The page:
The regulations require producers of electrical and electronic goods to assume legal and financial responsibility for recycling old equipment. Most of their provisions come into effect on 1 July.
The guidance, which is non-statutory, sets out how producers will have to meet their obligations. It also explains the roles of retailers and distributors of electrical goods, local authorities, consumers and charities.
The differences for producers of household and business-to-business goods are spelled out. For example, producers of business equipment will be able to sign contracts with their customers passing on responsibility for recycling the equipment.
The DTI also gives more details of the “settlement centre” that will allow producer compliance schemes to trade evidence of recycling. Any local authority that has not signed an agreement with a compliance scheme will also be able to use the centre to recoup costs incurred transporting and treating WEEE.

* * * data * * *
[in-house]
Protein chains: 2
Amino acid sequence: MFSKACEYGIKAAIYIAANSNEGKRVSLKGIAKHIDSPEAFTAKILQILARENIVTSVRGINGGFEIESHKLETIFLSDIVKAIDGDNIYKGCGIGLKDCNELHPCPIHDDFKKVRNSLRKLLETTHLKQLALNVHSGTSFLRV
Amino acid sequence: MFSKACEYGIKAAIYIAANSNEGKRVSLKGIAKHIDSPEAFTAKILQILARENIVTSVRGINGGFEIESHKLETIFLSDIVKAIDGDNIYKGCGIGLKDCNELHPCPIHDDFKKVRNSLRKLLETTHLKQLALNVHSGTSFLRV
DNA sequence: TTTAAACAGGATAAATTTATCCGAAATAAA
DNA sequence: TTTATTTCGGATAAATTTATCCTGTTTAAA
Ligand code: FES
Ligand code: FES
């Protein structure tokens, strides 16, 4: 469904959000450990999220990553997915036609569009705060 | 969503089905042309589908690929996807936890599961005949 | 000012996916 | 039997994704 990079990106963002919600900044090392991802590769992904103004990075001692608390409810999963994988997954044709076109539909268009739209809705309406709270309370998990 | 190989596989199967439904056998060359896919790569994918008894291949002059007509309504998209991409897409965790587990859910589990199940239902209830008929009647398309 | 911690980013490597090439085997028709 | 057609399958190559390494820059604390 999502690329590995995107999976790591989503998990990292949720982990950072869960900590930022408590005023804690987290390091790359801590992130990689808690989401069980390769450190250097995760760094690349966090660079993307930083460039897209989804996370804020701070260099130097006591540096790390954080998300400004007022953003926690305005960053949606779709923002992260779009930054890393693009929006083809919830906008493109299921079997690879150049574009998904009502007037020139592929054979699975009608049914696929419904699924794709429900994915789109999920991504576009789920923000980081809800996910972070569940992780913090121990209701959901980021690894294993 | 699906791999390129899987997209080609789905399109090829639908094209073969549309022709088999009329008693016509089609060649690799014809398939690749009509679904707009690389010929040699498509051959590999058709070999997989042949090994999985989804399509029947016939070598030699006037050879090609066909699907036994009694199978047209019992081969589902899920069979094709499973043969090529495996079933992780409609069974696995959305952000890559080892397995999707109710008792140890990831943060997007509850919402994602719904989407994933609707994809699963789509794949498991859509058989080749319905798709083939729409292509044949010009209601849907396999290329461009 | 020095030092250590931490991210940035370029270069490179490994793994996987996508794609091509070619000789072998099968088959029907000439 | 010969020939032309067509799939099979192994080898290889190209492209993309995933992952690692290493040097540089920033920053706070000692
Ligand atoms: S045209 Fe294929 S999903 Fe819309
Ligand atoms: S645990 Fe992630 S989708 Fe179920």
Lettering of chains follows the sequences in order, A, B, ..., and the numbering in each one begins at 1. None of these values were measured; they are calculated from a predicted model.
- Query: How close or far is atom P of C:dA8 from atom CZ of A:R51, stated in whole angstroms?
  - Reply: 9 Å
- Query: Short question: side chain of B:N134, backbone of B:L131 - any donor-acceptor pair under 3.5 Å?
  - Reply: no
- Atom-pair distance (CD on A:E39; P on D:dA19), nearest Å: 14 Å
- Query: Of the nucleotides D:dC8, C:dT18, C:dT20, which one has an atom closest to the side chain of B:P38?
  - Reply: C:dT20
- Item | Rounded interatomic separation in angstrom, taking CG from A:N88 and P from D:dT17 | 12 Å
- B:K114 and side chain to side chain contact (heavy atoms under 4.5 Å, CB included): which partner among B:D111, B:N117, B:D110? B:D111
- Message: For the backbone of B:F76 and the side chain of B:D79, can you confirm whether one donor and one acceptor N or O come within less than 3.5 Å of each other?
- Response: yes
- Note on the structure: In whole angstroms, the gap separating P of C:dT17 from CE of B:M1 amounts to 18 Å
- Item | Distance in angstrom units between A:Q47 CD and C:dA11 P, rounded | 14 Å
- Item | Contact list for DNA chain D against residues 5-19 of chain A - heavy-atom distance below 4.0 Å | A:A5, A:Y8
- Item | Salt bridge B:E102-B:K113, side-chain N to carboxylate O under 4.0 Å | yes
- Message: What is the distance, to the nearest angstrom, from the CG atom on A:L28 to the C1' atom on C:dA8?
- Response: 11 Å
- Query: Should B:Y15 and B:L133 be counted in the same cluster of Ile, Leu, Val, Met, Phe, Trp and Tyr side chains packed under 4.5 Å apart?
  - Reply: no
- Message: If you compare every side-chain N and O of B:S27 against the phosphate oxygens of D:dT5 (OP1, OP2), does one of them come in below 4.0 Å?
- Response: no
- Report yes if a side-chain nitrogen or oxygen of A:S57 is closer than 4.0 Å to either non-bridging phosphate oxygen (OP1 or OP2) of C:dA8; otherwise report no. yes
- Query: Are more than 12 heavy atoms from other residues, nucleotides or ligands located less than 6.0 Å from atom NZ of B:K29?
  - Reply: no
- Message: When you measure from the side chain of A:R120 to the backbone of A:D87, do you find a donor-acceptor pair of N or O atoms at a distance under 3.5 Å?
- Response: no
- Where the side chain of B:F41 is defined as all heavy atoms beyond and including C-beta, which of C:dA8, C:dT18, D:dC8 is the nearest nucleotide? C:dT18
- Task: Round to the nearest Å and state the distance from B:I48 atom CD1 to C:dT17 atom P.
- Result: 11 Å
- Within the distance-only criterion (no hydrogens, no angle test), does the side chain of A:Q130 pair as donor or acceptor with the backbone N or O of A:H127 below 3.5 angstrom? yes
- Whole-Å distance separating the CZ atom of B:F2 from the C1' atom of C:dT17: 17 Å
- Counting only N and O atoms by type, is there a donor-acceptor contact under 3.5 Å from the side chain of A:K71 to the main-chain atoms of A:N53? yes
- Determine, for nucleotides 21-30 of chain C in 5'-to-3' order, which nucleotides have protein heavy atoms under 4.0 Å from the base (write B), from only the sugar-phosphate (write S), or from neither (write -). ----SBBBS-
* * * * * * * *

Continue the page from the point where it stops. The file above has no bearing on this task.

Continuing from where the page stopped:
The guidance builds on a draft issued last July. However, the DTI says it is still “not definitive” and will be updated in light of any comments received. The department will also establish an independent advisory body whose remit will include making recommendations on improving the guidance.
Charities were amongst those to welcome the guidance. The DTI has decided to encourage the reuse of whole appliances by including it in the returns made by compliance schemes. However, any charity that wants to refurbish equipment will have to become an approved authorised treatment facility or approved exporter.
The Furniture Reuse Network said it is coordinating a network of reuse centres, around 30 of which will offer a “hub and spoke” infrastructure to aid collection and treatment of equipment.